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Claud Butler Majestics

Posted: 2 Aug 2018, 10:15am
by AJW
I am hoping that this is the right place to ask for some advice.

I have two Claud Butler Majestics that my wife and I bought new in the late 1970’s. They have been languishing in a shed for many years and it is now time for them to go.

They are completely original with Reynolds 531 frames and forks and Brooks leather saddles. The frames have stickers stating ‘Handcrafted by Holdsworthy’. One frame is 24.5”, the other is 21.5”. Unfortunately the paint work on the frames is not good.

I have trawled the web but the only bikes I have found for sale have been pristine. I don’t want to take ours to the tip as I feel they should be of interest to somebody.

Is there a market for bikes like this? If so how much are they worth? Getting a ball park figure would be great as I haven’t a clue. I tried to upload some pictures but failed.

Any advice will be much appreciated.

Re: Claud Butler Majestics

Posted: 2 Aug 2018, 11:31am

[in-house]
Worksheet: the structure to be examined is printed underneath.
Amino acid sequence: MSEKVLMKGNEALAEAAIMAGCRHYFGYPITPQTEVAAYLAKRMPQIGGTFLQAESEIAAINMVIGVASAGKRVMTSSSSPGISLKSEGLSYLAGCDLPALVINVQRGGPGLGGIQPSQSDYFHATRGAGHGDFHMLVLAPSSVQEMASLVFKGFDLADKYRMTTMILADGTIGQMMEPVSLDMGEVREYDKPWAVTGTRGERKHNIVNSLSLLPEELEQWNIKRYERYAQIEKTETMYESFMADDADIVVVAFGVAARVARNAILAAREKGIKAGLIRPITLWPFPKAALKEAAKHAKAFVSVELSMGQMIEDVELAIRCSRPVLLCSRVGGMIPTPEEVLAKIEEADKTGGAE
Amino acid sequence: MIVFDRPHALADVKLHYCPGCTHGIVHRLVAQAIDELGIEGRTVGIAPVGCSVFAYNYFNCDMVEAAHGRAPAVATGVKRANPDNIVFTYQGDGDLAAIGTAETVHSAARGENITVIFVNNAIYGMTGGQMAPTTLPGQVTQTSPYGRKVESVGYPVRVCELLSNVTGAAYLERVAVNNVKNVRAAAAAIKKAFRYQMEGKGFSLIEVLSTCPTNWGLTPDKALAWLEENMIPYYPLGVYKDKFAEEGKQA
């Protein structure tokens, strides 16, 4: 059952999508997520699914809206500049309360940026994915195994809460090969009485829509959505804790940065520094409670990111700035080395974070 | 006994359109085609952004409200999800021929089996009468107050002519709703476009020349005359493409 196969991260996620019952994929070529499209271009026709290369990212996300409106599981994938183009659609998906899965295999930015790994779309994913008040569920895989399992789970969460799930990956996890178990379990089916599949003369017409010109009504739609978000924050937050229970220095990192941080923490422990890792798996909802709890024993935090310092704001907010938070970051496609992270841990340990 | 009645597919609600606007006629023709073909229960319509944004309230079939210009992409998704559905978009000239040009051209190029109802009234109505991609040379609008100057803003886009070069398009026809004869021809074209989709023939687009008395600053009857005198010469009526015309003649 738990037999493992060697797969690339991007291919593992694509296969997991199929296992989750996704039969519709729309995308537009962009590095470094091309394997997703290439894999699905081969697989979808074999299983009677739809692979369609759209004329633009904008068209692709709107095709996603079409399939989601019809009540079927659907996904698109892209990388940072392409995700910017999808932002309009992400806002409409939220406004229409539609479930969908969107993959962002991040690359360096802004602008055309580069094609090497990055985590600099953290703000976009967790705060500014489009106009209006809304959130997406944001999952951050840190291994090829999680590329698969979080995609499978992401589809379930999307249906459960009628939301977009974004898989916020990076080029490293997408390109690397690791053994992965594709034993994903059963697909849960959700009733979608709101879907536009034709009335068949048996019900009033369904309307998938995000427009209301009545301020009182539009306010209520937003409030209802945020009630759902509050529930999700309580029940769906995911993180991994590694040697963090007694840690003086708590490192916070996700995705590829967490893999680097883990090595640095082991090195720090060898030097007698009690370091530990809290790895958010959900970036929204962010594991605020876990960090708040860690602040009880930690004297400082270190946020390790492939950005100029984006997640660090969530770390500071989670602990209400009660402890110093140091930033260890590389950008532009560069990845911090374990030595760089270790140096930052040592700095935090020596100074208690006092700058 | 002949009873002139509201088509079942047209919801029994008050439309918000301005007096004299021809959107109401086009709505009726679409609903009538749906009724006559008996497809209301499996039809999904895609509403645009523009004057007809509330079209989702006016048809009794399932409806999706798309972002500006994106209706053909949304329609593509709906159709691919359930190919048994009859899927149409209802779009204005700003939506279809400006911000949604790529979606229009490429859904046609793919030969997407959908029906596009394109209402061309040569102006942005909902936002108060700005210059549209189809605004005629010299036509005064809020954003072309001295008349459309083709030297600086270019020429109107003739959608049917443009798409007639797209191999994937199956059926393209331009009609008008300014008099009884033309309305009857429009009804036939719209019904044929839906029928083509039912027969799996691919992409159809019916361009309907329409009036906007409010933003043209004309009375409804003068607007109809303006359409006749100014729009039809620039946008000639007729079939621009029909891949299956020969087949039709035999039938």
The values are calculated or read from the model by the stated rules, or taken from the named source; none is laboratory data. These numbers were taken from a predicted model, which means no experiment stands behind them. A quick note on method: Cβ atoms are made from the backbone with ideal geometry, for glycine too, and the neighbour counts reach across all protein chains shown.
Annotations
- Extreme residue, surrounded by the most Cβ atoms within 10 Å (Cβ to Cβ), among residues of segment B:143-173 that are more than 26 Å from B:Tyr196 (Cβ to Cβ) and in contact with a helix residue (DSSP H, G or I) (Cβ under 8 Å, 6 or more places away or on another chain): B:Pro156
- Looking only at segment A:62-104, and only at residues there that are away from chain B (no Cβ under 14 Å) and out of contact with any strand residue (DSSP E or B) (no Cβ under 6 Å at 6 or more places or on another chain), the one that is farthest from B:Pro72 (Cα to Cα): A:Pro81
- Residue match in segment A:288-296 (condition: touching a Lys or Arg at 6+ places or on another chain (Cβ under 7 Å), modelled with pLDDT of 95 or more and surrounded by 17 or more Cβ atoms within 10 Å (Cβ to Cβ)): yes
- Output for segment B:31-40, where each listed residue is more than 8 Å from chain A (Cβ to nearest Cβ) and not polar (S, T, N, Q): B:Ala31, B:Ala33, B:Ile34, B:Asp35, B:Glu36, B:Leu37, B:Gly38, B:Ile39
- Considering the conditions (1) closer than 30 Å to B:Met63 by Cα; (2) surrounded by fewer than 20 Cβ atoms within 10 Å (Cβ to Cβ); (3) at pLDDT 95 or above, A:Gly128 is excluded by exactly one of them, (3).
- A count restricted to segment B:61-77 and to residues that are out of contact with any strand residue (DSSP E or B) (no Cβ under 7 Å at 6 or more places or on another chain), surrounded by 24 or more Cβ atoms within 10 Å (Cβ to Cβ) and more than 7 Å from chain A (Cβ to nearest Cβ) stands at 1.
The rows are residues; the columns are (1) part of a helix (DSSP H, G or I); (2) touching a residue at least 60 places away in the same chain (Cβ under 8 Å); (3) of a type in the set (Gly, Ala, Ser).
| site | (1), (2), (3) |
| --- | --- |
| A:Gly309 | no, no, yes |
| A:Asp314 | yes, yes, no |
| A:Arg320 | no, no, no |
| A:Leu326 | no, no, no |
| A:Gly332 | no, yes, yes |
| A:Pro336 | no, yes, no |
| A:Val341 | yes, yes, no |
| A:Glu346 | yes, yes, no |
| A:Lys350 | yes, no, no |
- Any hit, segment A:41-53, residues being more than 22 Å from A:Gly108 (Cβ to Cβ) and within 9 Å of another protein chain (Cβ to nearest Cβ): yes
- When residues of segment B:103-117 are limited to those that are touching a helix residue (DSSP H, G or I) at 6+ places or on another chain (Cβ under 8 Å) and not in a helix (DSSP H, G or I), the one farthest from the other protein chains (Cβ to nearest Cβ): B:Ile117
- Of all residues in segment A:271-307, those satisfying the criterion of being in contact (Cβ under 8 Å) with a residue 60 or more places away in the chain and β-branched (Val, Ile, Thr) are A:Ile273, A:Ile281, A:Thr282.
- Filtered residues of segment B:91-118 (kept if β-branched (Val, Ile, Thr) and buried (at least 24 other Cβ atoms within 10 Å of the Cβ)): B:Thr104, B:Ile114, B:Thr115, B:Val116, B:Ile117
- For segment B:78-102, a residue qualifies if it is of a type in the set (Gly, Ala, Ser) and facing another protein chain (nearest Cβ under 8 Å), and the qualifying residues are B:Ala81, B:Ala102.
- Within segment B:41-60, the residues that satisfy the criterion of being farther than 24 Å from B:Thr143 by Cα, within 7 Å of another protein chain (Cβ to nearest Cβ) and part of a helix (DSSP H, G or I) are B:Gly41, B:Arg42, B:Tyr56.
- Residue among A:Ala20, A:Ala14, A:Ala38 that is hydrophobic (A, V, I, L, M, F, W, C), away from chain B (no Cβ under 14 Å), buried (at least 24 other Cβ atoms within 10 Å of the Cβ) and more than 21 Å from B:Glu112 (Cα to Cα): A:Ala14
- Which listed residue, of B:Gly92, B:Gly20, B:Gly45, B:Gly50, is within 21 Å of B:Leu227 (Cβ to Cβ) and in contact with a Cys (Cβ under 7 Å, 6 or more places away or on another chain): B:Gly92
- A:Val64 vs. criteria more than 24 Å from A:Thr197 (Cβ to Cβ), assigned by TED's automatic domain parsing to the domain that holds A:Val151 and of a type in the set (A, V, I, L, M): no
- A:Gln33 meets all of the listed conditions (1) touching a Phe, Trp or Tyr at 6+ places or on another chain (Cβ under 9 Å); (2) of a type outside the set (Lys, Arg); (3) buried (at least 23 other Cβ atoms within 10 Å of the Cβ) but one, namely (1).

by Brucey
are they like this? [the majestic model was launched in 1977 and with small variations carried on for a few years in the form you see it below (which is the 1982 model). Later they changed the colour and the specification somewhat.]


If so they were a perfectly competent bike in their day, but that was quite a long time ago now. The frameset is nice, but IIRC that model has 531 PG main tubes and forks not 531DB or 531 throughout. The parts were OK in their day but things have moved on and several decades of neglect won't have improved them. If the saddles have not rotted (which is fairly unlikely TBH, if they have been in a shed that made the paint go bad) then they can be sold separately. Various issues vs more modern tackle are that

- the bikes use 27" wheels, for which there is a limited selection of tyres available now
- the bikes use screw-on freewheels, ditto
- the rear hub axle is liable to break; it is nowhere near as strong as modern designs
- despite what it says in the blurb above, the carrier is rather wobbly once loaded up
- the bearings don't have any seals on them
- the chainset is of a sort that you cannot buy chainrings for any more; once they are worn out a new chainset is required
- the brakes may not quite reach to modern 700C wheels.